• Vegan Cheese: This one is the most difficult. If you can enjoy coconut, I really like Daiya Cheese shreds. They are peanut and tree nut free but do contain coconut. For totally peanut and tree nut free cheese, I suggest making your own at home. For a great recipe to get you started, check out my nut free plant based queso! 

Nut Free Protein Sources

When first going vegan, one of the most common questions is always, “if I can’t eat nuts, how will I get my protein?!” 

A graphic containing cartoons of different high protein vegan foods like tofu, tempeh, quinoa, and mushrooms.

I have fantastic news: There are so many options for protein that don’t require nuts! Here is a list of some of the most widely available ones. 

  • Soy (including tofu, tempeh, and edamame)
  • Mushrooms 
  • Quinoa
  • Seitan 
  • Seeds (pumpkin seeds, hemp seeds, flax seeds, chia seeds) 
  • Seed butters (sunflower seed butter, pumpkin seed butter, etc) 
  • Wheat 
  • Nutritional yeast
  • Spelt
  • Teff 
  • Spirulina
  • Amaranth 
  • Oats
  • Vegan Mock Meats
  • Protein Rich Fruits and Veggies!
    • Broccoli, brussel sprouts, spinach, asparagus, potatoes, sweet potatoes, artichokes, corn, guava, blackberries, blueberries, bananas 

Legumes are a fantastic source of protein. Now, I share this with a word of caution because people with peanut allergies in particular can have a cross reaction to legumes, sometimes. You don’t have to avoid these foods if you’ve never had a reaction in the past.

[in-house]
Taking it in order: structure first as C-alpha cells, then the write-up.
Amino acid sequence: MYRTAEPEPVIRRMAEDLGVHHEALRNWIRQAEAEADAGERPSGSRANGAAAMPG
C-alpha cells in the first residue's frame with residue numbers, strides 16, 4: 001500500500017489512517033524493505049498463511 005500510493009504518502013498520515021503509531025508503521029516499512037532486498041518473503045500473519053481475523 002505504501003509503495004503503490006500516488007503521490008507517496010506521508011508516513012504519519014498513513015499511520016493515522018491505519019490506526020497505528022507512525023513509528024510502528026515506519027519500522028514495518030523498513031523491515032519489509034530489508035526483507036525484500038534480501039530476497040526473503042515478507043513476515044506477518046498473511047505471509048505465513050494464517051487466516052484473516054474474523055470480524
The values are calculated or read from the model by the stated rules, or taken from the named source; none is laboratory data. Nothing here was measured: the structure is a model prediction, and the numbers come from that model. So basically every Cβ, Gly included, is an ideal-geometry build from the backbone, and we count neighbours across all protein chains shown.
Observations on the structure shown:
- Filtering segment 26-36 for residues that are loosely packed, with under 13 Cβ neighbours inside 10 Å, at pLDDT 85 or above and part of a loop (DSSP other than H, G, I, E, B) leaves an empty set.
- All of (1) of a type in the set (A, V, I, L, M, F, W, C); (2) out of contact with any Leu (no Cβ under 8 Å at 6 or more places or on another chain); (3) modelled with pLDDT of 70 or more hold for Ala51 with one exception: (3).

• Chickpeas (aka garbanzo beans)
  • Pinto beans
  • Black beans
  • Lentils
  • Split peas
  • Green peas
  • Black-eyes peas

Nutritional Considerations 

Whenever you start a plant based diet, no matter if you are able to eat nuts or not, you’ll want to make sure that you are getting an adequate amount of the essential nutrients including proteins, calcium, iron, vitamin B12, omega-3 fatty acids, and vitamin D. 

One of the ways I make sure that I meet these requirements being vegan with food allergies is to take a good multivitamin every day. There are some plant based doctors who think you don’t need one if you are eating vegan, but I have found in my experience that I disagree. Taking a daily multivitamin with food allergies makes sure that I’m getting these minimum requirements. 

Some of my favorite brands are MegaFoods, Solaray, and Mary Ruth’s. I’ve used these companies for years and really like the quality of their products. Not sponsored, I just really like them!! 

Finally, if you have more questions, reach out to a vegan dietitian or nutritionist for personalized advice. 

Dining Out and Social Situations 

The main challenge when being allergic to nuts while being vegan is going to be dining out at restaurants. There is already a reduced menu for most places since we are vegan, and adding a nut allergy on top of that can make things challenging. 

Tip! The most common places where you’ll encounter peanuts/tree nuts are in: Airplanes, airports, bars, breweries, and restaurants.